SALT LAKE CITY — Proposed changes to the state teacher licensure rule will exacerbate Utah’s teacher shortage and contribute to inequity among students, educators told members of the Utah State Board of Education Thursday.
Others warned the proposed changes will “degrade” the teaching profession.
A dozen educators addressed the board during a public hearing on the proposed rule, most opposing language on associate-level teaching licenses. They could be granted to applicants with bachelor’s degrees in any field who pass a background check and a test on content area.
They would also need to complete four professional learning modules created or approved by a district superintendent in the areas of educator ethics; classroom management and instruction; basic special education law and instruction; and the Utah Effective Teaching Standards.
Sarah Machol, a teacher, mother of two young daughters and a “concerned citizen,” said she has a unique perspective working as an elementary educator for a decade and a mentor to novice teachers and college students in teacher education programs.
“Decreasing the requirements to teach in Utah schools will only harm our students and the teaching profession as a whole,” said Machol.
Under the current system, novice teachers are often given “the most difficult classes in the most at-risk schools,” she said.
A teacher who has taken an alternative route to licensure would “meet an even greater challenge as they lack basic teacher training and pedagogy and the experiences of a student teacher practicum with a master teacher,” she said.
Machol added, “In my opinion, this exacerbates the teacher shortage by increasing the likelihood they will leave the profession after a few years.”
Moreover, the proposed State School Board rule “degrades the profession and it is our children who will pay the price,” she said.
Vicki Olsen, who teaches business classes at Riverton High School and is president of the Jordan Education Association, said she has been an educator for 28 years.
She has seen numerous teachers enter the classroom after working in business without the benefit of teacher training.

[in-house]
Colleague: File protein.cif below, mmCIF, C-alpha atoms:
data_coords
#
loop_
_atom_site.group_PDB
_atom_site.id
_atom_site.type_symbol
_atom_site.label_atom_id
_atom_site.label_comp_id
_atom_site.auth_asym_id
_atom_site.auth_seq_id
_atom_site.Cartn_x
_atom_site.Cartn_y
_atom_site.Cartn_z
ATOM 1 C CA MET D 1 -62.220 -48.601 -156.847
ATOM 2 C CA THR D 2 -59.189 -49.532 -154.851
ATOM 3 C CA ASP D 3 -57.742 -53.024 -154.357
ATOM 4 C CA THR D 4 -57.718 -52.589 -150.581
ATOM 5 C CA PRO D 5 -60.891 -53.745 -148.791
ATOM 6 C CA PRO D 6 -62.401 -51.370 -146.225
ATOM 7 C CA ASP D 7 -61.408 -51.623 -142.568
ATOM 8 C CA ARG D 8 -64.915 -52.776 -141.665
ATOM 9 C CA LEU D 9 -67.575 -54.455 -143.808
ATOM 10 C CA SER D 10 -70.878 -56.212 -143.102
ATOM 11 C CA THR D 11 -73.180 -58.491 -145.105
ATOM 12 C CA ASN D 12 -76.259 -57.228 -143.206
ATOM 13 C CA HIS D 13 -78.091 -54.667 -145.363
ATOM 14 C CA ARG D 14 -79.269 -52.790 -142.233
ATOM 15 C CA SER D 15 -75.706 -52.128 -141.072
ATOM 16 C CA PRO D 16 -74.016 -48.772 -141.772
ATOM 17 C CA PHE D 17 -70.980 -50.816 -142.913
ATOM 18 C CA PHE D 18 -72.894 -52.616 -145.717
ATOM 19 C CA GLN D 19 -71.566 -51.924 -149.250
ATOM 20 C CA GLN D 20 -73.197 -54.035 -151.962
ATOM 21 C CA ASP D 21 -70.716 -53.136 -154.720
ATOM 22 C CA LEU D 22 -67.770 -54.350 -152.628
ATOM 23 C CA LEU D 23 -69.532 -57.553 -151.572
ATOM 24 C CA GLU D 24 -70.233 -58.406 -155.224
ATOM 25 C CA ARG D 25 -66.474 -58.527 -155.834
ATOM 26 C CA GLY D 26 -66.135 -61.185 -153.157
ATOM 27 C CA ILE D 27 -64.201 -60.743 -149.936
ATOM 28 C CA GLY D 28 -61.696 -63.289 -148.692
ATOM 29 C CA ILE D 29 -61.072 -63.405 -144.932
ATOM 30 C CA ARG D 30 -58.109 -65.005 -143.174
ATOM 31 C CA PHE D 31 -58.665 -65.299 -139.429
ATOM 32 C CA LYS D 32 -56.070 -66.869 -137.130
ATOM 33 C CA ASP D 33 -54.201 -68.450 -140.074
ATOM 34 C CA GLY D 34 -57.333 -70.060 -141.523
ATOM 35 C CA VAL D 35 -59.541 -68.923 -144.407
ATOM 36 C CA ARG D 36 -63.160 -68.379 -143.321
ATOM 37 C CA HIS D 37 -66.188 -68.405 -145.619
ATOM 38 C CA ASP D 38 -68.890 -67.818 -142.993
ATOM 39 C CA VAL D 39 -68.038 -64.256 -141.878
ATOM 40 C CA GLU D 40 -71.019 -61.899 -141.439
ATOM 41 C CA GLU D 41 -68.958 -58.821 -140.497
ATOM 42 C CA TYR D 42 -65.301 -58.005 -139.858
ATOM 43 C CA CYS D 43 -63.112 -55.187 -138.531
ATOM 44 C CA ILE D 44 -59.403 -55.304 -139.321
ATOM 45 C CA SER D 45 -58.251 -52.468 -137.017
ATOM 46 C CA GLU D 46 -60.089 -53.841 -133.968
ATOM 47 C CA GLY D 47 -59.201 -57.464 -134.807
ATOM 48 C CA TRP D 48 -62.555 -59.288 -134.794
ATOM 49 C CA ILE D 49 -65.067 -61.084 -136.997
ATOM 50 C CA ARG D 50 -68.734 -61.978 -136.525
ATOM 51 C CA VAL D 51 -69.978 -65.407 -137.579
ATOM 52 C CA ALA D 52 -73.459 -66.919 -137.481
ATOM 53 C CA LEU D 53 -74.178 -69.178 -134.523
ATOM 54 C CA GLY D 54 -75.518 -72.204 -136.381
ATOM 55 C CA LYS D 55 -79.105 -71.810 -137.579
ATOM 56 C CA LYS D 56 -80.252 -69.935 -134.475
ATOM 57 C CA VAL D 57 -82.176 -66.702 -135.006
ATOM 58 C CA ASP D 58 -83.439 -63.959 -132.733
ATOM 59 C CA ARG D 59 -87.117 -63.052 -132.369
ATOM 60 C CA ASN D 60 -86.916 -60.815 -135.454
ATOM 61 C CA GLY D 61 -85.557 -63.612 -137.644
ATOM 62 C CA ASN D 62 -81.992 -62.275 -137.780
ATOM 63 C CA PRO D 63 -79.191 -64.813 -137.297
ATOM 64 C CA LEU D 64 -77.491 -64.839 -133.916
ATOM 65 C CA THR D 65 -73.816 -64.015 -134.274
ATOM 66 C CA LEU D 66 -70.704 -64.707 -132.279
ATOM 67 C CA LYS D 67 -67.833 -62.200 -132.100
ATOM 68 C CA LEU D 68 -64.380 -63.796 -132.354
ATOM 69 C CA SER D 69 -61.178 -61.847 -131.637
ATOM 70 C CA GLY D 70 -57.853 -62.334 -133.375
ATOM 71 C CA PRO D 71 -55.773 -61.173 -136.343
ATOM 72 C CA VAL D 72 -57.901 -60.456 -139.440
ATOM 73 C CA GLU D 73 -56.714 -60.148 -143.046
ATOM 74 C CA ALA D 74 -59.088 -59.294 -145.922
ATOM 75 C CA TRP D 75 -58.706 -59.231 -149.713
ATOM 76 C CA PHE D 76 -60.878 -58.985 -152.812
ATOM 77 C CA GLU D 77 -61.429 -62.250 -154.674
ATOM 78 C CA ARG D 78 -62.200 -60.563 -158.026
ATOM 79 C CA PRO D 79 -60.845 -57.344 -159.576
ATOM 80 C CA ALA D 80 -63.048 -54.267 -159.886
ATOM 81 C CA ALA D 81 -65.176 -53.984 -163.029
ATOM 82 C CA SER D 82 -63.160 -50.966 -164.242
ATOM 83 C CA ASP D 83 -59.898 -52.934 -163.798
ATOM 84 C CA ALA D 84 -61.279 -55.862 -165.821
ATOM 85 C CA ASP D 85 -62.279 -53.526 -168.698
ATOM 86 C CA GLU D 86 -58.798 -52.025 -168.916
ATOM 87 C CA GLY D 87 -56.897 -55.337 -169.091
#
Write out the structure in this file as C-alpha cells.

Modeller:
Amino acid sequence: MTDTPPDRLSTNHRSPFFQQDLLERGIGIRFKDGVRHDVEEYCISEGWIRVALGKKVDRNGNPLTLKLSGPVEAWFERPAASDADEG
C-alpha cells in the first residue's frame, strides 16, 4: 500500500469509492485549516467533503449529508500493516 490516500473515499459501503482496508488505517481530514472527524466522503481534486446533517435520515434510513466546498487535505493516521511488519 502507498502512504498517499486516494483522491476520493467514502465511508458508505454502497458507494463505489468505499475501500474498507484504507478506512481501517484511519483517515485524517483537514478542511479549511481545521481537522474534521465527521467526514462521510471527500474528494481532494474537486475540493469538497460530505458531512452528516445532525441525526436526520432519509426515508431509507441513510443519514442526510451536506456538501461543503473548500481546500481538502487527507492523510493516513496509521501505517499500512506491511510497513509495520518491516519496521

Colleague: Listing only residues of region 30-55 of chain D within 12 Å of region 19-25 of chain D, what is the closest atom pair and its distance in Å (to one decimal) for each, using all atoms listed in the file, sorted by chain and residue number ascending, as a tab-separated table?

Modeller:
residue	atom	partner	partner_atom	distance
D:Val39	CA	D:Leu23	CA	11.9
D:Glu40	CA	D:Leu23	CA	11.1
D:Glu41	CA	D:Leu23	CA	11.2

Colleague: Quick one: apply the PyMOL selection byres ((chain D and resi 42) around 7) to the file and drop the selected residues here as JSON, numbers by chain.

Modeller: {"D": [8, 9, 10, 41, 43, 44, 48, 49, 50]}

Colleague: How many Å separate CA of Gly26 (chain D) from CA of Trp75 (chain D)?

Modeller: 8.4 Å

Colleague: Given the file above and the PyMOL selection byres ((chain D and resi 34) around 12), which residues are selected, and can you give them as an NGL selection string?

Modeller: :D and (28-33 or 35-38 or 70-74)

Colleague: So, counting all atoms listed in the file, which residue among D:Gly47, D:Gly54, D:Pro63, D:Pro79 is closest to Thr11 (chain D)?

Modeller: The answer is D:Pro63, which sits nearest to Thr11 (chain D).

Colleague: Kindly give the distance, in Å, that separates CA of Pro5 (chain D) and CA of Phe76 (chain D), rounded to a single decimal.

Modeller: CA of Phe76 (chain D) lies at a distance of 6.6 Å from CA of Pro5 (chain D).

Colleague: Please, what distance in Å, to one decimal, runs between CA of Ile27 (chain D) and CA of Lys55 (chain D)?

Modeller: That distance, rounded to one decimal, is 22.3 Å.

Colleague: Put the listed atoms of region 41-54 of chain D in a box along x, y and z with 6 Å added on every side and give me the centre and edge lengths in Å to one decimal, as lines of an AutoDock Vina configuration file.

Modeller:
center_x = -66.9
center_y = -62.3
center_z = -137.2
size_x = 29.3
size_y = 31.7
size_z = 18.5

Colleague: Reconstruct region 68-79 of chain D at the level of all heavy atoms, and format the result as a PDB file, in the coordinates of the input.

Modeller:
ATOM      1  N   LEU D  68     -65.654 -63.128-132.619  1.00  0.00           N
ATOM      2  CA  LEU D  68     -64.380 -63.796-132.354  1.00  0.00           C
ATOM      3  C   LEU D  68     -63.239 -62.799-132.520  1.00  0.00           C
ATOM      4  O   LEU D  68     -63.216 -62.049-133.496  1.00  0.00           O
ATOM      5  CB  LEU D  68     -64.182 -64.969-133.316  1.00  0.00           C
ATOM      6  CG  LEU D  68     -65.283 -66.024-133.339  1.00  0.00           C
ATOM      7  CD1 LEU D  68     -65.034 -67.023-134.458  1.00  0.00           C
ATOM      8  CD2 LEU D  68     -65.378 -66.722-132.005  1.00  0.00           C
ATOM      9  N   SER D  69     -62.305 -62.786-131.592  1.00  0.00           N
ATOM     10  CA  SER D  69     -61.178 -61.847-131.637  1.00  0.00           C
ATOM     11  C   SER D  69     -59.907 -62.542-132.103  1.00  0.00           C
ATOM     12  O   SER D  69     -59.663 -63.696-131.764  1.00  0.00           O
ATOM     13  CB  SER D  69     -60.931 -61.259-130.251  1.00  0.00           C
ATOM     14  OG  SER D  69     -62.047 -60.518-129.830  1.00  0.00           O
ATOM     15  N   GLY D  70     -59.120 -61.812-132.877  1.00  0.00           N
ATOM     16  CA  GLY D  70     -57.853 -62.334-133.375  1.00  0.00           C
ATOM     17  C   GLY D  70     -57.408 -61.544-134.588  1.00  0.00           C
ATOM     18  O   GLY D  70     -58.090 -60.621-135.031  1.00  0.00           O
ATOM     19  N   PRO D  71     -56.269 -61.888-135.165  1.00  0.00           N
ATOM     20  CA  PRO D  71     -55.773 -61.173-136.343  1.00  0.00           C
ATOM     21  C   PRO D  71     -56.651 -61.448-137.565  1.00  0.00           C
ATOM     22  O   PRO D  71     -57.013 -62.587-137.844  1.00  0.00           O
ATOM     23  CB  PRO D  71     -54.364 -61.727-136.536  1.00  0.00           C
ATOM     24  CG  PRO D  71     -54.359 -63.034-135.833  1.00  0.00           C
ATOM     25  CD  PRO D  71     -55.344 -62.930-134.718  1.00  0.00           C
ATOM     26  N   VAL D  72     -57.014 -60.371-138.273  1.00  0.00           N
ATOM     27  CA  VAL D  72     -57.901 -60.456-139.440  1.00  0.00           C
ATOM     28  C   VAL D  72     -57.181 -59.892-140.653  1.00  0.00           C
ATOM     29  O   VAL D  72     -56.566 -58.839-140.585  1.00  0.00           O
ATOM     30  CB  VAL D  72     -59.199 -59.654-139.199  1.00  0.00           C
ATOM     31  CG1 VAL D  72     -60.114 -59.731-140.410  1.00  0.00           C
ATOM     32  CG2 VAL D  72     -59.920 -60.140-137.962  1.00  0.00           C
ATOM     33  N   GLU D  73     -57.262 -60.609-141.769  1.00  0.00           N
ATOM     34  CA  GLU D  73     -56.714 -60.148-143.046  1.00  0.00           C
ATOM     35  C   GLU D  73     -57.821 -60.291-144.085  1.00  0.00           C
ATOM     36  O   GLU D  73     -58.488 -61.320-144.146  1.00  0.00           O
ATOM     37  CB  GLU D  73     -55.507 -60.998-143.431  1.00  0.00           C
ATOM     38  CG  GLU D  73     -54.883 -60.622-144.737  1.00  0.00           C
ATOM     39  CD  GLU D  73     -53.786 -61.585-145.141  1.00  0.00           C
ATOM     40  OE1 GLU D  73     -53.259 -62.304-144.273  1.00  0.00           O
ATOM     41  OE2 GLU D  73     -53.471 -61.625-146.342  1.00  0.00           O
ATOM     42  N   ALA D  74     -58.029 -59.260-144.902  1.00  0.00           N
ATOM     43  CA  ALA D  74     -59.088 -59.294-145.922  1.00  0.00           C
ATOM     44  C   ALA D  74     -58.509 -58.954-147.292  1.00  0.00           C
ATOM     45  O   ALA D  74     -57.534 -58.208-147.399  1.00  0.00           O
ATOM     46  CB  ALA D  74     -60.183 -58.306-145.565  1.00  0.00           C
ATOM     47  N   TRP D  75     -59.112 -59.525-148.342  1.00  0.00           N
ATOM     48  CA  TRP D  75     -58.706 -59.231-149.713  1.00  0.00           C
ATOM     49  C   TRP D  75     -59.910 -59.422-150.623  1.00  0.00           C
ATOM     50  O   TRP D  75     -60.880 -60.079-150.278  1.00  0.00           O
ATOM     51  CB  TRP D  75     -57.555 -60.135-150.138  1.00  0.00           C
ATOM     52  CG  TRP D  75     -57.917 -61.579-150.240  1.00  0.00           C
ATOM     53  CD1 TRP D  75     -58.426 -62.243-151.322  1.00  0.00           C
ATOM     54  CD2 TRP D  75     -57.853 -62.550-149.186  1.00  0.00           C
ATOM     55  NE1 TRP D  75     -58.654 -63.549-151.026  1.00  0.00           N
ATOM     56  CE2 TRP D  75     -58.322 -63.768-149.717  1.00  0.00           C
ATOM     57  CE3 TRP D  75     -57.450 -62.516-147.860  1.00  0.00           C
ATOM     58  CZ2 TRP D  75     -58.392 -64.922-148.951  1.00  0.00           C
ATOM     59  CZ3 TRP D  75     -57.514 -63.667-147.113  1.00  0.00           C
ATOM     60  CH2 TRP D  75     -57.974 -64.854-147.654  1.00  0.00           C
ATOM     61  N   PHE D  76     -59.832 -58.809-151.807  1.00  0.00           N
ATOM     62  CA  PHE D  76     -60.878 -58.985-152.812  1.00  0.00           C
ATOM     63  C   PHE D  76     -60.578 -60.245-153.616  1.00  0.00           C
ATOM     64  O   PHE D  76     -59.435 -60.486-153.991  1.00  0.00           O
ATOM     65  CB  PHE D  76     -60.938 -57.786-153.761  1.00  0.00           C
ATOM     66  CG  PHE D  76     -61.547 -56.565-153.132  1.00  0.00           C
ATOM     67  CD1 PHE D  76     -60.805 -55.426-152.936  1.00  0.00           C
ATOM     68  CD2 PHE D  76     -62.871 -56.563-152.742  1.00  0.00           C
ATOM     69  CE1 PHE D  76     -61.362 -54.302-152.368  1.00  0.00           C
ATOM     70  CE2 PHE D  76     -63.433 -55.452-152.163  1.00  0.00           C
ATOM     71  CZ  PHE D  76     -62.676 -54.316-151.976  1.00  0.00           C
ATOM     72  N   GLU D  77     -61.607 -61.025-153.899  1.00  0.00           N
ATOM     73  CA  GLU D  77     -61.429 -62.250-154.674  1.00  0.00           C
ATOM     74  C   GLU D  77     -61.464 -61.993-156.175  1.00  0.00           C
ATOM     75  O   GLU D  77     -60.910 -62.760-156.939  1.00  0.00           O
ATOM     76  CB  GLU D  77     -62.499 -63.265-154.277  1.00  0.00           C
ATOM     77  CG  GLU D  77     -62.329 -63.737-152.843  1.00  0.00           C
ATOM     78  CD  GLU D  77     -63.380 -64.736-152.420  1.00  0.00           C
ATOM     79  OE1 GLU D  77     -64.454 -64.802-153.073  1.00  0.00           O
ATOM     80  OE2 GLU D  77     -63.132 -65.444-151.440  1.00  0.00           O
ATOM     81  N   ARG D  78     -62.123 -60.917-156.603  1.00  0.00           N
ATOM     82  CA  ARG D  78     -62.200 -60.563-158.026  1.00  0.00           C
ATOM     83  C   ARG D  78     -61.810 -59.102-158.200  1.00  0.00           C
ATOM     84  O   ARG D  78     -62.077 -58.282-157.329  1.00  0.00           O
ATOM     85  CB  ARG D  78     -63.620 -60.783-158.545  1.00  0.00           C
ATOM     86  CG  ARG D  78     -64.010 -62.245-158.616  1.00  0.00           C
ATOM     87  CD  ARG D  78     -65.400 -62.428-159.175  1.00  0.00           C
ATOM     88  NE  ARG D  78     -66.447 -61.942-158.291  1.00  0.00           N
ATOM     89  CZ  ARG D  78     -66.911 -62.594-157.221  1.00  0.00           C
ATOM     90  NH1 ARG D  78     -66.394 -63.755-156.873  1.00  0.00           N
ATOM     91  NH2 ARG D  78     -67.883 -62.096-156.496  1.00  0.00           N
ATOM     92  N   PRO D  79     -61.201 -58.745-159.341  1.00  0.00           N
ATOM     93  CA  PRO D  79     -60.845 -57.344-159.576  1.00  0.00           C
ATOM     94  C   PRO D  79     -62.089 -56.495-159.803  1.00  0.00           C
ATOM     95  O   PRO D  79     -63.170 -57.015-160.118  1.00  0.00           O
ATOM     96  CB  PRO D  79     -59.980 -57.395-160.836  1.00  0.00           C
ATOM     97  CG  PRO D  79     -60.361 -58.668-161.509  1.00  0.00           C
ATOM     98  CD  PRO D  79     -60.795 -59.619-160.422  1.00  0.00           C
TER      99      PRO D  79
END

“First of all, they don’t last very long. They find it difficult to teach. They have a wealth of knowledge but they find it very difficult to give it to students,” she said.
When teachers are ineffective, “word soon spreads” among high school students, who warn “Don’t take a class from so-and-so. You’ll hate it,” she said.
But more worrisome, once enrollment drops in elective classes, sections of classes are cut.
Olsen said she believes anyone who wants to be a teacher should spend a week in a classroom and carefully consider “Do I really want to do this?”
But others said the proposed rule gives sufficient latitude to school districts and charter schools when they need it.
Cindy Phillips, executive director of the Weilenmann School of Discovery, a public charter school in Park City that serves students in grades K-8, said the proposed rule “provides greater ease from out-of-state to in-state state licensing process. We’ve never had that in rule before. This is wonderful because then we can leverage licensed teachers from other states into our state.”
All things considered, educators would prefer to hire traditionally trained teachers but “that is not something that is available,” she said.
Last year, Weilenmann School hired two teachers from other fields, one a psychologist and the other a graphic designer.
“They were both outstanding first-year teachers,” she said.
Phillips said she hopes the state school board will make a greater commitment to increasing numbers of university trained teachers over the next decade.
Testimony from the public hearing, written comments and other background information will be compiled in a report to the Utah State Board of Education next month when the board can make amendments to the rule or allow it to stand as proposed.